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"The little-known stories behind well-known inventions"

Necessity is not the mother of invention... these women are     By Paul Niemann

[March 22, 2007]  What do windshield wipers, COBOL and Scotchgard® have in common?

All were invented by women. Their stories are below.

In addition, here are a few other important products that were created by female inventors:

  • Bulletproof vests

  • Fire escapes 

  • Laser printers

  • Flat-bottom grocery bags

  • Certain drugs that fight diseases such as childhood leukemia, herpes and gout and the first drug to fight AIDS: AZT

Windshield wipers

Some inventions are created as the result of a person simply trying to solve a problem. That's what Mary Anderson of Alabama did in 1903 when she invented windshield wipers. On a trip to New York City, while touring the city on a streetcar, she noticed that the motorman had to continually get out to wipe the snow and ice from the windshield. The man had tried a variety of solutions to this problem, but nothing had worked.

After making a quick drawing in her sketchbook, Mary came up with a solution to the problem. Her solution, which would be patented a year later, allowed the motorman to

sweep the snow and ice away with a device that was operated from inside the car. This became the forerunner to the modern windshield wiper. Even though wipers had become standard equipment on American cars by 1913, Mary never profited from them.

The USS Hopper

Grace Murray Hopper developed COBOL, which stands for COmmon Business Oriented Language, in 1959 while she was in the Navy, and she was also the Navy's first female admiral. COBOL was more like natural English than any previous computer language. It was also the first programming language mandated by the Department of Defense for its applications. In recognition of the developer's contributions, the Navy named one of their destroyers in her honor, the USS Hopper.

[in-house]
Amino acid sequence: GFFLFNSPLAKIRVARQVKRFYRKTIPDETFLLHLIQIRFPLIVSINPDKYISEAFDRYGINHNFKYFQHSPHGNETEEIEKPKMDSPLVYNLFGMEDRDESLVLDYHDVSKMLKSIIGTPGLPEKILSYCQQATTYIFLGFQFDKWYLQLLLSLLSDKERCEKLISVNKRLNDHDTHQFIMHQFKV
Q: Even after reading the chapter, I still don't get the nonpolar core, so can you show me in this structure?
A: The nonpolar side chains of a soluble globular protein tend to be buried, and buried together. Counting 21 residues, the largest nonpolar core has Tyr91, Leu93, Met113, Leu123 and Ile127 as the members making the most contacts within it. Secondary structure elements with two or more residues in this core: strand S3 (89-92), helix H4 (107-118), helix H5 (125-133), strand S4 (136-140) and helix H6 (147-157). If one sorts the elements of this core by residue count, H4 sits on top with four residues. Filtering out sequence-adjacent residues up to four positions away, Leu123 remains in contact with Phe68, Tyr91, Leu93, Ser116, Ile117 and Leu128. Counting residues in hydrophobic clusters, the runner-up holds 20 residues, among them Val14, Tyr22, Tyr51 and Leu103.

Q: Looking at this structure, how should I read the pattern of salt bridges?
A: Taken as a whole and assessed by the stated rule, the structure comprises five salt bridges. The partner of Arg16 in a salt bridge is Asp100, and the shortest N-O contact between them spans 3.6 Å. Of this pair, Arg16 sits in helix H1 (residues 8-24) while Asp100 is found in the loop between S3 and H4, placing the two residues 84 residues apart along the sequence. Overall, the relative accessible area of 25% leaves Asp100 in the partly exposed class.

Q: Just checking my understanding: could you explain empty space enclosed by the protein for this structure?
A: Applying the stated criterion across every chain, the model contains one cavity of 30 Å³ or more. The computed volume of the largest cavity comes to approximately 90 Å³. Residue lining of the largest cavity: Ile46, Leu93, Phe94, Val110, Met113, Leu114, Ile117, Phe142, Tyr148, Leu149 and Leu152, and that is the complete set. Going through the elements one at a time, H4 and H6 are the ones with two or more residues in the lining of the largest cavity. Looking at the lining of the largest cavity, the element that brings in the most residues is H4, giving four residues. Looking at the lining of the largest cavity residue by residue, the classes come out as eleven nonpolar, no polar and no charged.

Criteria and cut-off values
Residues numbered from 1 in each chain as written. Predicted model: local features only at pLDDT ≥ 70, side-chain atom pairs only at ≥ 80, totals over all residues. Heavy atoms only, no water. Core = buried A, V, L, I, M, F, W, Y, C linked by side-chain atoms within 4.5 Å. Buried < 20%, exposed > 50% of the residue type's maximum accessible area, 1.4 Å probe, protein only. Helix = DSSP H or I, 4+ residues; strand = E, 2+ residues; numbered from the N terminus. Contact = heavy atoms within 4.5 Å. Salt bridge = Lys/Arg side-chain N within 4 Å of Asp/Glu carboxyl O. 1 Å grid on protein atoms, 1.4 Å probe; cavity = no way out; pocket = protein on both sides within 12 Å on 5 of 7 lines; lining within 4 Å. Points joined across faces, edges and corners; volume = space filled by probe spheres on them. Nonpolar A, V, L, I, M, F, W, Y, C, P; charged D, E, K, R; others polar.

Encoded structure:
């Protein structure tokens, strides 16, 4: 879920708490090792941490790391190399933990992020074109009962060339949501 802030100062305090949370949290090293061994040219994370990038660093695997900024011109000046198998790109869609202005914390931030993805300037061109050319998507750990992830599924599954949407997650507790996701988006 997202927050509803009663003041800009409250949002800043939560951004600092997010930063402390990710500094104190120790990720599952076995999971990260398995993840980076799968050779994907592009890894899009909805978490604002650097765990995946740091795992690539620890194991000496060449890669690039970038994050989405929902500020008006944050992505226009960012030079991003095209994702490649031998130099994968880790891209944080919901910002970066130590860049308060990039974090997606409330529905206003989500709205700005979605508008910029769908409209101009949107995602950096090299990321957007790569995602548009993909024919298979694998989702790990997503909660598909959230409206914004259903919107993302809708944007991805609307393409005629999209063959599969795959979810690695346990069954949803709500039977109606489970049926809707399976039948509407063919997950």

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COBOL served as a foundation for later computer languages, and it's likely that we wouldn't have the World Wide Web today if it weren't for COBOL.

Another contribution that Grace Hopper made was the term "computer bug." No, she didn't invent the bug, but she coined the term. She did this after a computer processor had stopped working due to a moth that was stuck in it.


Patsy Sherman accidentally created Scotchgard in 1952 while working as a chemist for 3M in Minneapolis. Sherman's team had been trying to develop a new kind of rubber for use in aircraft fuel lines when an assistant in her chemistry lab accidentally dropped a beaker full of a liquid rubber mixture onto the floor, splashing onto Sherman's white canvas sneakers.

When they tried to wash it off, the water and solvents beaded up and ran off the sneakers. Sherman and fellow chemist Sam Smith realized that the mixture could be used to protect fabrics from water and other fluids. After three years of work, the mixture was patented and released as Scotchgard Protector™ in 1956.

In a 1997 speech to students, Sherman explained that being an inventor does not require a lot of money or education, nor is it a matter of age or gender. She once remarked, "How many great discoveries would never have occurred were it not for accidents?"

Paul Niemann may be reached at

Copyright Paul Niemann 2007

[Text from file received from Paul Niemann]

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